The dangers of methamphetamine have been well publicized over the past several years, but one danger that isn’t often mentioned is that methamphetamine can lead to the loss of a house.
That is what has happened to former Elizabethton businessman Joe Steven Coffman, who was found guilty Aug. 8 of conspiracy to distribute and possess with intent to distribute 500 grams or more of methamphetamine.
Coffman was also found guilty of knowingly and intentionally distributing methamphetamine on April 6, 2006. Coffman is scheduled for sentencing by District Judge Ronnie Greer on Dec. 3.
The same federal jury also found that the house and property Coffman owned at 817 Riverview Drive was subject to forfeiture by the federal government because it had been used to commit or facilitate the commission of Coffman’s drug violations.
The house has been placed under custody of the U.S. Marshals Service until all third party claims against the property are decided. Marshals may then dispose of the property as the attorney general directs.
Coffman had purchased the house in 1994 for $65,000.
Coffman was one of nine defendants who were indicted by a federal grand jury Jan. 9. The other defendants were Coffman’s daughter, Gloria Coffman; Alfonso R. Garcia; Maria Virginia Price; Donna J. Thomas; Charles C. Carden; Tina D. Burleson; April D. Townsend; and Crystal Rainbolt. In all, the nine defendants were named in some or all of 23 counts.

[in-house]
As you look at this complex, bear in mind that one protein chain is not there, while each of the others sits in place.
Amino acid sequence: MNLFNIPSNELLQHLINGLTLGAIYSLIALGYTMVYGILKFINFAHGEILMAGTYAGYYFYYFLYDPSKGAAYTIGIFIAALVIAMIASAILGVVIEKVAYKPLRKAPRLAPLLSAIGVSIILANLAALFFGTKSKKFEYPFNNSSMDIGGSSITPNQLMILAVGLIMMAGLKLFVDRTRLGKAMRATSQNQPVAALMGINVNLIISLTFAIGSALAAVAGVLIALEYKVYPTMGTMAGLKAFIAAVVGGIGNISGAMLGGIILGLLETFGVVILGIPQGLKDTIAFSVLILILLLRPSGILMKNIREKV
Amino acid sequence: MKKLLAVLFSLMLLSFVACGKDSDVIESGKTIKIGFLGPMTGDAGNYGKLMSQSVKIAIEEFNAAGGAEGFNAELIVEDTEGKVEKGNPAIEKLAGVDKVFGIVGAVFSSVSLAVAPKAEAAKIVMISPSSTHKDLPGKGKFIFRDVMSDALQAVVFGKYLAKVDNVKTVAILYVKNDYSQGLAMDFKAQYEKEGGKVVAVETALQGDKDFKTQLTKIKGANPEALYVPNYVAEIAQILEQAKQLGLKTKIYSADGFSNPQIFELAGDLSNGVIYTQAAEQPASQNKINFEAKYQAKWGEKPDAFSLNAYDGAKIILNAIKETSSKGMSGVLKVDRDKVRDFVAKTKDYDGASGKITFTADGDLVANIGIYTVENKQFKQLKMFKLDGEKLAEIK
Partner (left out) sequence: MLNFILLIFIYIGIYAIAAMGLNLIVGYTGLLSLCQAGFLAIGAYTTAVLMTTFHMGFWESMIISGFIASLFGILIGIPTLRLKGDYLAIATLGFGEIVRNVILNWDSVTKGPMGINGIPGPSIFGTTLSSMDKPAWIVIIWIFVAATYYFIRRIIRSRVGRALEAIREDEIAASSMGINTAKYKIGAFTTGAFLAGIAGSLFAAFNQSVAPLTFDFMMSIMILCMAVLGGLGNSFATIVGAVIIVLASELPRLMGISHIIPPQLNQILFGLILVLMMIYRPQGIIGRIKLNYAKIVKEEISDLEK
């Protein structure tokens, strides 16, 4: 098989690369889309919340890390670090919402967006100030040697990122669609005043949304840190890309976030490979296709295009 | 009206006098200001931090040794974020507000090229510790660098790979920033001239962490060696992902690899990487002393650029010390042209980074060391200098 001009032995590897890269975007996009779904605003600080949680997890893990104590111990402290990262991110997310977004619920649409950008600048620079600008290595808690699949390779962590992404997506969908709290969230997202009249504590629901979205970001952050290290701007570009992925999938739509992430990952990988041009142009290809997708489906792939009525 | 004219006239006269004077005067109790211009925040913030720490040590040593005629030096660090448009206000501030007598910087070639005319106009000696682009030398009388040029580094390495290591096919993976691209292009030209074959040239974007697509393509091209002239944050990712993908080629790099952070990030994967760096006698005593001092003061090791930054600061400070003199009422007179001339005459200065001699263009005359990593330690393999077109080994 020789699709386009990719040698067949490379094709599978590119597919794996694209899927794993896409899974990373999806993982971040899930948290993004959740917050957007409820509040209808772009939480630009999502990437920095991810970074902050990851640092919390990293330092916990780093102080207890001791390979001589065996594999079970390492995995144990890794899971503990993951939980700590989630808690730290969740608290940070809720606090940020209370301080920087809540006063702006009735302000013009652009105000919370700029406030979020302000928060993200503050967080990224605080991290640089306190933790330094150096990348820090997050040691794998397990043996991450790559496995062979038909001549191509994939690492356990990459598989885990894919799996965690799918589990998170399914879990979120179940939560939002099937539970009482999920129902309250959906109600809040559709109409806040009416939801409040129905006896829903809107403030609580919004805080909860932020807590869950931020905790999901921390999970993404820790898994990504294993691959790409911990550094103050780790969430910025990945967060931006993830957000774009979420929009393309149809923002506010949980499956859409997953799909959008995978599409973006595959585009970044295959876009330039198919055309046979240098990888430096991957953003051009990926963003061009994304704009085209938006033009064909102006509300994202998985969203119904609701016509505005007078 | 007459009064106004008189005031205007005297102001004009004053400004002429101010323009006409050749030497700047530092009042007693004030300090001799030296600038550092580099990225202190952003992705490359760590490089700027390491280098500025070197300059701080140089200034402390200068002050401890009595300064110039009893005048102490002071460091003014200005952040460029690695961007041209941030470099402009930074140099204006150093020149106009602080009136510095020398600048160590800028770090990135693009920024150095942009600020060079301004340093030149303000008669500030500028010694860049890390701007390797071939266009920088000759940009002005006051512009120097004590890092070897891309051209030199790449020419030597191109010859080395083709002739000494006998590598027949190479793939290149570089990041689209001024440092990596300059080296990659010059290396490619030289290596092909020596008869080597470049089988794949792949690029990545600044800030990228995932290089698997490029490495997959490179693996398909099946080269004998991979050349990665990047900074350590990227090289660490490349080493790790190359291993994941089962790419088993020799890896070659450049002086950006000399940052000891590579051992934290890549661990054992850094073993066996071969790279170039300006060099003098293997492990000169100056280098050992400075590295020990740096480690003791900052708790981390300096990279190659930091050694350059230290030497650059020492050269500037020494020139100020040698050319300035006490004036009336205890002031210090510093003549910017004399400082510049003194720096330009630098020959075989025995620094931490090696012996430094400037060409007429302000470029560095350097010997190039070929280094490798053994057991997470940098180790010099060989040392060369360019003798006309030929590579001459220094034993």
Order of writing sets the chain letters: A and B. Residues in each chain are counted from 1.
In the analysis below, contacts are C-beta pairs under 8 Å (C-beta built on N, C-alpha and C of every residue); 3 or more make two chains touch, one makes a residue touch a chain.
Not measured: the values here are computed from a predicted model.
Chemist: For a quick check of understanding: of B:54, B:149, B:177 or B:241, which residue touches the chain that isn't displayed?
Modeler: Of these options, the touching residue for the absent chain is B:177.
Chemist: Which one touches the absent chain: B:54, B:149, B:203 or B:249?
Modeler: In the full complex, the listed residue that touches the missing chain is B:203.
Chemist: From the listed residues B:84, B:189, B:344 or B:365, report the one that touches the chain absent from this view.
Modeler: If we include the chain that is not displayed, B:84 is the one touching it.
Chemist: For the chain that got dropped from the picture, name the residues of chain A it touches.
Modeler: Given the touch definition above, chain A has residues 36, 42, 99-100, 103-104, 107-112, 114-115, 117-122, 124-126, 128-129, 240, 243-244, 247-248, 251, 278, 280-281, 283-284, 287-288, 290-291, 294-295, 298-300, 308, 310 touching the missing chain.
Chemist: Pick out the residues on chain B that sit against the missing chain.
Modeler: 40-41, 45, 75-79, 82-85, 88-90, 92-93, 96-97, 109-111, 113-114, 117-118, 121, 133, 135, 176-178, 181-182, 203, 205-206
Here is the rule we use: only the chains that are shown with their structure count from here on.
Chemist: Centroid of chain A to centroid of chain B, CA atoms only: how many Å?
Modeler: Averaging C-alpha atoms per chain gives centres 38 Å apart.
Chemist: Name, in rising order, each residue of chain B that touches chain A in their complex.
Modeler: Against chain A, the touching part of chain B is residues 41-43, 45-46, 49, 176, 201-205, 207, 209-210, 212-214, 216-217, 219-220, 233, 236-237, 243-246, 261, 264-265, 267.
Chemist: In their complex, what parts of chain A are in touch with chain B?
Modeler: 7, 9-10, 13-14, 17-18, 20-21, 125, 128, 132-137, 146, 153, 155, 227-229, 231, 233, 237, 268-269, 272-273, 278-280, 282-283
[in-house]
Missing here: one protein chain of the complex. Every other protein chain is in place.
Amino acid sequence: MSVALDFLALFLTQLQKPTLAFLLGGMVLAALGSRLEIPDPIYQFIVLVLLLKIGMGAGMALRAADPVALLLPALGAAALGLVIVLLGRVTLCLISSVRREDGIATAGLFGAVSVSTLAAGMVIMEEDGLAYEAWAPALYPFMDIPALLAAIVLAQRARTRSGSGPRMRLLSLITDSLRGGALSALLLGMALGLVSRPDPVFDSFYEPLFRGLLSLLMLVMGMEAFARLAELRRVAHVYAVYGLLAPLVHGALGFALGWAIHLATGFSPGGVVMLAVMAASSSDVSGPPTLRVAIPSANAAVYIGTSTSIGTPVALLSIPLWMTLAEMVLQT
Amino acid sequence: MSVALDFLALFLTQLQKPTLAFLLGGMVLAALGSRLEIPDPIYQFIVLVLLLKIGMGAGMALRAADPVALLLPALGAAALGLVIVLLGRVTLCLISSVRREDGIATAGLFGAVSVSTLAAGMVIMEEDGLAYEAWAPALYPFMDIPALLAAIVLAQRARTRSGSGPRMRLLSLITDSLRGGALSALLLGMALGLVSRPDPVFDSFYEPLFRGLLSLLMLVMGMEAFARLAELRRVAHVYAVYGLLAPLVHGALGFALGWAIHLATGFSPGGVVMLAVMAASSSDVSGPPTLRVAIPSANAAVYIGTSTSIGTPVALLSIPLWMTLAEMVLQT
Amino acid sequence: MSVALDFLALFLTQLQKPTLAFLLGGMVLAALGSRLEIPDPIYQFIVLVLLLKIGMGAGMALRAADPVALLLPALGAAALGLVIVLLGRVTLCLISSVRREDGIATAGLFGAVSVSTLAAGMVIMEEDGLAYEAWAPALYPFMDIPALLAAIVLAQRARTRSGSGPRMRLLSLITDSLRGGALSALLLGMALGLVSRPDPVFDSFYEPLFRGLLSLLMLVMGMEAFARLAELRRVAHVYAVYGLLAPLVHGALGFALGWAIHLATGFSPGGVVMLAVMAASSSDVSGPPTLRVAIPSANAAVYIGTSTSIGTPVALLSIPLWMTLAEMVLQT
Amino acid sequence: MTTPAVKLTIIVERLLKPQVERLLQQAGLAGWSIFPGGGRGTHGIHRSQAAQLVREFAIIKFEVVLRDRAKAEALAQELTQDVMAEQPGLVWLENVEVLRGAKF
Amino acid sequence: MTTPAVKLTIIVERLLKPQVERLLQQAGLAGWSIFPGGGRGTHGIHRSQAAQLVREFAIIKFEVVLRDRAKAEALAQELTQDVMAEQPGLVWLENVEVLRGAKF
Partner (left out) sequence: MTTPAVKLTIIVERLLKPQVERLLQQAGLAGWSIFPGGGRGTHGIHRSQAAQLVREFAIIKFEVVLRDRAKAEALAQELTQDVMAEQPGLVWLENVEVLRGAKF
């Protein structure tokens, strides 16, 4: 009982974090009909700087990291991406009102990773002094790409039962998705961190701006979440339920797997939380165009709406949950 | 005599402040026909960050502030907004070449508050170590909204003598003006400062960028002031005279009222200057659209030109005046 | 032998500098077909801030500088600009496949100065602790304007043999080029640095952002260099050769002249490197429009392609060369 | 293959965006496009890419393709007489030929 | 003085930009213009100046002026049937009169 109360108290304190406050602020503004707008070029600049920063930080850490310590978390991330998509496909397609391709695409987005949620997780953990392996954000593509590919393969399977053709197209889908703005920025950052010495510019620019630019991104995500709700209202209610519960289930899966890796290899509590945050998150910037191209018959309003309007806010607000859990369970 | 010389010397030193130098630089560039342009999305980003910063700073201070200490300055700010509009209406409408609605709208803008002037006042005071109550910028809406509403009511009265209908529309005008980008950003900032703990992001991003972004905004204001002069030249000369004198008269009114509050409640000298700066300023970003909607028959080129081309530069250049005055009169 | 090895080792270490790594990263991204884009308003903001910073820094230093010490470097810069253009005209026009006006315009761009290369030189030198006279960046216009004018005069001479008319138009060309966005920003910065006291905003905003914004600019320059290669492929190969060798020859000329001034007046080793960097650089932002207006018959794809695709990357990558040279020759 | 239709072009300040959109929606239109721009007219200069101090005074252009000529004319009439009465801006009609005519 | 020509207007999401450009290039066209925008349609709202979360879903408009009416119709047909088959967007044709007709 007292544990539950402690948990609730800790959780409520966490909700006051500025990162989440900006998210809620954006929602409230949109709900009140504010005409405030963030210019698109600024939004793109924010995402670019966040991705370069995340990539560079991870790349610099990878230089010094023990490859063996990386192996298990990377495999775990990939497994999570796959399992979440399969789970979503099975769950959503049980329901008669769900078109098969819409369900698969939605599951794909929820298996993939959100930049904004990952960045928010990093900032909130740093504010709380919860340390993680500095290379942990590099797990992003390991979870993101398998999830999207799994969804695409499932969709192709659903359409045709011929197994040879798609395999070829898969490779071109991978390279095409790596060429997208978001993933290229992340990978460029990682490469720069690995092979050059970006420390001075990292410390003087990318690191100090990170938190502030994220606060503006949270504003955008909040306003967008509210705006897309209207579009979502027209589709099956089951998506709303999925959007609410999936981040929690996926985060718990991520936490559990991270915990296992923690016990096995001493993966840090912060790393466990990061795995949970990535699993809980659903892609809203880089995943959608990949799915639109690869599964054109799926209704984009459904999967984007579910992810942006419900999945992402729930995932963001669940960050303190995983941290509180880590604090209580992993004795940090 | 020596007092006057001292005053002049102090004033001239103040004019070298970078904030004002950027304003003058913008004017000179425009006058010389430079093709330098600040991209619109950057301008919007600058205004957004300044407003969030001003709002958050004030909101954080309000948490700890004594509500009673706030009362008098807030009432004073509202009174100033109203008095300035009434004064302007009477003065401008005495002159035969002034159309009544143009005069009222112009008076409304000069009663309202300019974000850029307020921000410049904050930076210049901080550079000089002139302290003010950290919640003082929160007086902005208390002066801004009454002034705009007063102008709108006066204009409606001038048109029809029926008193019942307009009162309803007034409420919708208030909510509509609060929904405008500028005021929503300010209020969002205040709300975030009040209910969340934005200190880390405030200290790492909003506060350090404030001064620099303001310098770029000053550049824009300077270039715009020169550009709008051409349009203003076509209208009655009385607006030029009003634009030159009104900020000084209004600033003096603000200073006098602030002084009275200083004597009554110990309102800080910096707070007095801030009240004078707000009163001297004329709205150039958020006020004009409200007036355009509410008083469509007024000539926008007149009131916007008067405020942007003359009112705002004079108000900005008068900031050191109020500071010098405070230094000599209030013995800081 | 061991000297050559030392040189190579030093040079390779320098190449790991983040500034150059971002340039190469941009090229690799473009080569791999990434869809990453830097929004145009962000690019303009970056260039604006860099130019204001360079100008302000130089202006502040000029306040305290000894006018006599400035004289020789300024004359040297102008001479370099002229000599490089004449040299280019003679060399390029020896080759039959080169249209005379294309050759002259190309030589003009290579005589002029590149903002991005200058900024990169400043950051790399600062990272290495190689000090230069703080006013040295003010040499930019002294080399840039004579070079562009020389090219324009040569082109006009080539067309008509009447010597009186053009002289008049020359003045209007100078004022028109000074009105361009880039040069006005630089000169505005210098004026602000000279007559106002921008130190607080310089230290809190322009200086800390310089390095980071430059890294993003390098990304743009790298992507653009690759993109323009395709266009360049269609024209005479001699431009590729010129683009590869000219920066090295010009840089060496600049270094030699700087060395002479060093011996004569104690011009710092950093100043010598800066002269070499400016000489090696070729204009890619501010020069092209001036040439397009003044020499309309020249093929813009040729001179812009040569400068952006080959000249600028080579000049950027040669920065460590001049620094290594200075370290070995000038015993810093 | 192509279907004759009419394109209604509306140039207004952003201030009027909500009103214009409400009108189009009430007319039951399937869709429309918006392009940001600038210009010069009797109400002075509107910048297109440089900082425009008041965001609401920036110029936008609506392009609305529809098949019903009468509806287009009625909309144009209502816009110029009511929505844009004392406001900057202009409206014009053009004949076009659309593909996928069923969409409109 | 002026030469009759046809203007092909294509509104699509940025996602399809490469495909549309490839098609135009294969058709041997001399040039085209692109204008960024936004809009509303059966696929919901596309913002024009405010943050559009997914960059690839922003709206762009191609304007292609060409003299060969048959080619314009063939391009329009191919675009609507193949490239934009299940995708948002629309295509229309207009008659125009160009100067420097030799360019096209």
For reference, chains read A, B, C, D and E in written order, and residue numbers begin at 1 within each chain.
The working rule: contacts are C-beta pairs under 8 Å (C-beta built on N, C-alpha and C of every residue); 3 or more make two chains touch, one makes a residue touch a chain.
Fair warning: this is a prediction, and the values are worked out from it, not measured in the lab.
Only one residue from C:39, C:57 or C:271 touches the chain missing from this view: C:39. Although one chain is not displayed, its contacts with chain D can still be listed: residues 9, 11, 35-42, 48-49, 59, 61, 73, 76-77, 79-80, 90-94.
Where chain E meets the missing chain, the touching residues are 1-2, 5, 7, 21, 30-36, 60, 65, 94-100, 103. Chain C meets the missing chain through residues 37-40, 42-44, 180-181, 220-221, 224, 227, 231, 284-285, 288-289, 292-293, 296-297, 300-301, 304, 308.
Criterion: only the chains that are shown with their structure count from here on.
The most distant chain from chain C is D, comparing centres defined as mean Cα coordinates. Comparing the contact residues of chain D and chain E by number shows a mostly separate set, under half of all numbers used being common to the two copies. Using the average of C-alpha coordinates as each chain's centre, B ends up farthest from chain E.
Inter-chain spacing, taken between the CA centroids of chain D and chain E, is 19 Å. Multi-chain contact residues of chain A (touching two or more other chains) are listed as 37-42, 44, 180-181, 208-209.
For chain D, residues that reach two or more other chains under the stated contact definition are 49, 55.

Joe Coffman was found guilty on the two counts following a trial Aug. 7-8.
Gloria Coffman was found guilty July 31 of conspiracy to distribute 500 grams or more of methamphetamine following a plea agreement. In the plea agreement, Miss Coffman admitted to being a part of the conspiracy from Jan. 1, 2003, to Jan. 9, 2007.
She said she received the methamphetamine from Garcia and stashed it in a safe in her bedroom in her father’s house. The methamphetamine was distributed in Carter County.
During a search warrant executed Jan. 17, agents located the safe in Miss Coffman’s bedroom.
One confidential source said he had received a minimum of an ounce of methamphetamine a week from Miss Coffman from the spring of 2003 to the spring of 2005, for a total of 6.5 pounds of methamphetamine.
The minimum sentence for conspiracy to distribute more than 500 grams of methamphetamine is 10 years in prison. The maximum sentence is life. The maximum fine is $4 million.